KUALA LUMPUR, March 21 — The Ministry of Energy Transition and Water Transformation believes that Sabah needs to have a regulatory body to monitor the level of service provided by water operators in the state.

Its Deputy Minister, Akmal Nasrullah Mohd Nasir said that in Peninsular Malaysia, there is the National Water Services Commission (SPAN), which not only regulates water supply but also sets several conditions under existing acts to ‘bind’ operators to constantly improve service quality.

He said this was important because the overall water supply reserve margin in Sabah in 2022 was only at 7.1 per cent and there is a possibility that the water supply reserve margin in each district is also much lower than the overall figure.

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“For this reason, to manage water supply in Sabah, I feel there is a need at the state level to have a regulatory body. However, we understand in Sabah, there are enactments.

“So we need to consider whether the regulatory process should be centralised with the same commission (SPAN) or we should establish a new one at the state level,” he said during a special chambers session of the Dewan Rakyat today.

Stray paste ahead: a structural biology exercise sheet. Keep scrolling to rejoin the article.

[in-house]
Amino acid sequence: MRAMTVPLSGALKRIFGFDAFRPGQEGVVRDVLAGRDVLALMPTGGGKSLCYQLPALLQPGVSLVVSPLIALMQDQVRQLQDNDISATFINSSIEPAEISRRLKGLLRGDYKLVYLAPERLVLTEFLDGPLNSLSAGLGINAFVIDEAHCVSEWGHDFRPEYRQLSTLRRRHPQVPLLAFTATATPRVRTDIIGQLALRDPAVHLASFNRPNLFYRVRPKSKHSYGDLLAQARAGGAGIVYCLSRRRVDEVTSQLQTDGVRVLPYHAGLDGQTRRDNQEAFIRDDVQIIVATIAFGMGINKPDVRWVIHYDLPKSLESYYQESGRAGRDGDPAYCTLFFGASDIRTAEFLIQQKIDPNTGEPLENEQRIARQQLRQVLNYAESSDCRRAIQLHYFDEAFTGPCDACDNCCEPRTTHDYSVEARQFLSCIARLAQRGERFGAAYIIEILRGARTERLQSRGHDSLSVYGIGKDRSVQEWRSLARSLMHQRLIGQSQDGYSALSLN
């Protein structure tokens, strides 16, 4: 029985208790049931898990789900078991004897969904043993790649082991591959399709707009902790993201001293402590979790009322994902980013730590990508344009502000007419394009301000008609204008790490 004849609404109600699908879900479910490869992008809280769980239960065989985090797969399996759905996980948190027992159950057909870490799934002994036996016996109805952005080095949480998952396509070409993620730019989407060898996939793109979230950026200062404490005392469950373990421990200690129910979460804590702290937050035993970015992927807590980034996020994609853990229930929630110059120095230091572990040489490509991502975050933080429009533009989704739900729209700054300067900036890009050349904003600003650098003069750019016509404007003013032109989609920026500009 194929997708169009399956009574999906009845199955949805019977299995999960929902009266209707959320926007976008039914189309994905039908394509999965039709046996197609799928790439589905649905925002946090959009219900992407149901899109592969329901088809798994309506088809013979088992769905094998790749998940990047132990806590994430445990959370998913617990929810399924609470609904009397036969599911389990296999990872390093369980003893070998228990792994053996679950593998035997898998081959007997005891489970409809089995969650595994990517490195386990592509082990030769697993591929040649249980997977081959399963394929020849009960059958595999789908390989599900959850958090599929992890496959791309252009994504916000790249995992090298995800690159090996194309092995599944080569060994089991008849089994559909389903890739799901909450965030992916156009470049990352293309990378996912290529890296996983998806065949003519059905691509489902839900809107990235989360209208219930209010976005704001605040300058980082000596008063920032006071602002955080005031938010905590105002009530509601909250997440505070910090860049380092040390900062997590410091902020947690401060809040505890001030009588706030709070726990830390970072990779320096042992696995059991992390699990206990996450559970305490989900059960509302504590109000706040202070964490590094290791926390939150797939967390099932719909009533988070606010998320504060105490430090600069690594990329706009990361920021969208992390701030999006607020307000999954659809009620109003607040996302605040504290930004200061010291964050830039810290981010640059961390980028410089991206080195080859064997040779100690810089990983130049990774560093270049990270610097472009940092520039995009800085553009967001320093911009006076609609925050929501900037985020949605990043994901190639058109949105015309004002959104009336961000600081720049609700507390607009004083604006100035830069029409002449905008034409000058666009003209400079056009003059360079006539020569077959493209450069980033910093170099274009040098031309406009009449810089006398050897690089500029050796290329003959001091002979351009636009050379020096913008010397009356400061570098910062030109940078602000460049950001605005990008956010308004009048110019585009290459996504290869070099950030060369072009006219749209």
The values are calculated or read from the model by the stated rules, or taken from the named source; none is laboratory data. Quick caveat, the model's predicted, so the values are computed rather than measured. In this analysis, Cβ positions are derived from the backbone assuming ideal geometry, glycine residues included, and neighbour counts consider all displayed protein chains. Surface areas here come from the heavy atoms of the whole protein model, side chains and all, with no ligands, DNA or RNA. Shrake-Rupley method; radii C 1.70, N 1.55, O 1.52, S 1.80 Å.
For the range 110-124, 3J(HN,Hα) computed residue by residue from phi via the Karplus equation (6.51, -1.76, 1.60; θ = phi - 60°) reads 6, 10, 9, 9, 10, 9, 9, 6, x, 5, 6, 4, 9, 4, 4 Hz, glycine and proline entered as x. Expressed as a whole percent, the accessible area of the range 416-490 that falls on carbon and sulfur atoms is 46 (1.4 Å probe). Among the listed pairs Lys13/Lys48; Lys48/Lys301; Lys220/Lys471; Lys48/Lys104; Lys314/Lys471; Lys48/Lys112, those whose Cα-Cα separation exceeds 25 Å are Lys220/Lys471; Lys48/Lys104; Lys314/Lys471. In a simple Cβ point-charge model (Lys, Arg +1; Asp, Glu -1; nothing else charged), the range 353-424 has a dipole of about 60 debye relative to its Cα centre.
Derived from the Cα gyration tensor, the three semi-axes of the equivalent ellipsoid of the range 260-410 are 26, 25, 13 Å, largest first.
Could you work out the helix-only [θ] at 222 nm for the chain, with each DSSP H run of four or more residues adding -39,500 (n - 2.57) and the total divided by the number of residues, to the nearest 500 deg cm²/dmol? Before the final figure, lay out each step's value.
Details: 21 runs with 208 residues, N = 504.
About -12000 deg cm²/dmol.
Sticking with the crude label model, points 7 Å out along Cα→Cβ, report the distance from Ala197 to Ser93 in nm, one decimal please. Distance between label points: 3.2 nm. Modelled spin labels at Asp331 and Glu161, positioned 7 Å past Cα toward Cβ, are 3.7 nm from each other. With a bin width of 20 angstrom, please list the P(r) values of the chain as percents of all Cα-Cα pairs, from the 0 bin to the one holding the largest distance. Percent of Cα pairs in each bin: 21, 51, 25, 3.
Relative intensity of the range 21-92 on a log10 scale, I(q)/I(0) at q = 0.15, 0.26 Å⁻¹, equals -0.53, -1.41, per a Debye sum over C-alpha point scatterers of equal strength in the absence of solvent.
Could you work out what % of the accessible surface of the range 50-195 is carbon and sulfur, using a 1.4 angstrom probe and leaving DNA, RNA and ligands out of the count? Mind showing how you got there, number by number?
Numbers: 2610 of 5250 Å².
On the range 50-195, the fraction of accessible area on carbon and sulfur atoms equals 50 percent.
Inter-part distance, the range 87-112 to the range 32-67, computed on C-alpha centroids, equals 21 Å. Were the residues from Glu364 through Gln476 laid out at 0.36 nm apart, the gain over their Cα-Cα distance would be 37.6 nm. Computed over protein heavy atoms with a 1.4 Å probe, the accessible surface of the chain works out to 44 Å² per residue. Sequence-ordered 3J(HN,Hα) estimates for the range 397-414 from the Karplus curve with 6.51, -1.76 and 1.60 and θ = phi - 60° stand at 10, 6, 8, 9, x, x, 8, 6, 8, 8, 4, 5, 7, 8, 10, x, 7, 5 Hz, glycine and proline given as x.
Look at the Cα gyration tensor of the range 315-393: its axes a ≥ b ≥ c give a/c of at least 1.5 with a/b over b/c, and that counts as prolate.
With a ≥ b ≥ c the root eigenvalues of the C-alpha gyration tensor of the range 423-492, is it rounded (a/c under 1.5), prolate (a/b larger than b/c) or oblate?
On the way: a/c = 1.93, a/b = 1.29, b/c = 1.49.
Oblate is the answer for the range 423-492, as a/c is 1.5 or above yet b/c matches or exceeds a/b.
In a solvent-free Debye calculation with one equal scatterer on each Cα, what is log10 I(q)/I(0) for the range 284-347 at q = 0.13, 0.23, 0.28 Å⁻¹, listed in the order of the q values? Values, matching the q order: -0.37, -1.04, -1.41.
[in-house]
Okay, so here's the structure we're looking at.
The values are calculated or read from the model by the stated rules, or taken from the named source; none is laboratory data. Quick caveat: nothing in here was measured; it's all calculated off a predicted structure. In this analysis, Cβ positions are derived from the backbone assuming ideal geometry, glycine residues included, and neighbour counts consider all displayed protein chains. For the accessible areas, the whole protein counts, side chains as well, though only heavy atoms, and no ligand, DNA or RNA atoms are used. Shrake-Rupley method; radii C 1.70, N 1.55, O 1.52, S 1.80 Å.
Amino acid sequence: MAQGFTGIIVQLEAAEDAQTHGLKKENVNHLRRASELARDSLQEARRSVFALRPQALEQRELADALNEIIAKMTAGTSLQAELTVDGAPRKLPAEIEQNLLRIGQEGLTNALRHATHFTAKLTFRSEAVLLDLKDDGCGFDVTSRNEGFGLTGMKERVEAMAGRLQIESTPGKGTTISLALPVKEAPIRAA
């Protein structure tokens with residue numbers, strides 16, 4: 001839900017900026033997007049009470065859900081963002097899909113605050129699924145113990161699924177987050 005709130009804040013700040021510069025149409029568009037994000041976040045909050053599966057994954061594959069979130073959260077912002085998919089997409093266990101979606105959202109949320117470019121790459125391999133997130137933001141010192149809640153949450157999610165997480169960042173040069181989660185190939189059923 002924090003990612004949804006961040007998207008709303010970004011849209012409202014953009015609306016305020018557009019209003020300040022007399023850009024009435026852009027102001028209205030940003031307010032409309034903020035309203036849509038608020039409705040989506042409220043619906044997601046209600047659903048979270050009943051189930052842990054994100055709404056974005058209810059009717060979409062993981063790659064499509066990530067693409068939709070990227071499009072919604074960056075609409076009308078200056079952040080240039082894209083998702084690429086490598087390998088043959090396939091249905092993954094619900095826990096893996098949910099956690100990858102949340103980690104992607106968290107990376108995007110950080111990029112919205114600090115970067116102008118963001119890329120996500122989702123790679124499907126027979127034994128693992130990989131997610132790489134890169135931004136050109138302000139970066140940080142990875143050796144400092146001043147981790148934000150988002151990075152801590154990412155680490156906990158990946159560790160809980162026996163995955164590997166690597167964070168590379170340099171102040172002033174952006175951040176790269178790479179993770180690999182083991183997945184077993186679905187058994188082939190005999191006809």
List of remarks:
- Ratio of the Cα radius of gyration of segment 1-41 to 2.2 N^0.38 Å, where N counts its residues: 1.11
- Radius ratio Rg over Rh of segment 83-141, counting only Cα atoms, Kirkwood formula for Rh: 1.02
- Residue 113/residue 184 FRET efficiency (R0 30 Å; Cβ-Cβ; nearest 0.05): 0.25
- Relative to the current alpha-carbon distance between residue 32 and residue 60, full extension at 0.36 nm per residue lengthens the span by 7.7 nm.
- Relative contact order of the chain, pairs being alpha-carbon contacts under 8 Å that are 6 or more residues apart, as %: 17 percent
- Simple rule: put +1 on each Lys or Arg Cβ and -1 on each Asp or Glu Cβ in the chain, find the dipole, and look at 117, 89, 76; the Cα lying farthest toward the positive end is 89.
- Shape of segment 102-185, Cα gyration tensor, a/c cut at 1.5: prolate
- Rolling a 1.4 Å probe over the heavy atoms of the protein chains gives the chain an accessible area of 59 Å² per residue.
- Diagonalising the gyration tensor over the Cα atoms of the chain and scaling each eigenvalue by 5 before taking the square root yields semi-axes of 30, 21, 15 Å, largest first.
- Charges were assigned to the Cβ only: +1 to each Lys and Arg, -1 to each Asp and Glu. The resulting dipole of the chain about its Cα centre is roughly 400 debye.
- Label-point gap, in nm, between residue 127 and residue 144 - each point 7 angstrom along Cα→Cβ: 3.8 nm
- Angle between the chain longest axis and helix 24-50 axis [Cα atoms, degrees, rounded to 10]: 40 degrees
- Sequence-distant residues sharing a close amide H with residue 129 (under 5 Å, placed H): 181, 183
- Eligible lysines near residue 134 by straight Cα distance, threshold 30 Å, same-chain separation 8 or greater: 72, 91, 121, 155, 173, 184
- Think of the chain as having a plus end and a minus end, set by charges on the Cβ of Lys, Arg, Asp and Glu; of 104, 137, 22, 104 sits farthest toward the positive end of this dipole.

He said this in response to issues raised by Isnaraissah Munirah Majilis (Warisan-Kota Belud) regarding critical water supply issues in Sabah and steps to expedite the implementation of planned water projects.

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Akmal Nasrullah said last year, a total of RM258 million was allocated to the state to implement several projects including the construction of the Cinta Mata 2 Water Treatment Plant (WTP) in Tawau, which is currently in the procurement process.

“The Letter of Acceptance (LOA) for this project is expected to be issued in January 2025. As for water connection projects, six are currently underway and four projects have been completed and are in the process of finalising accounts,” he said.

For this year, he said three new projects and 10 water connection projects were also approved. — Bernama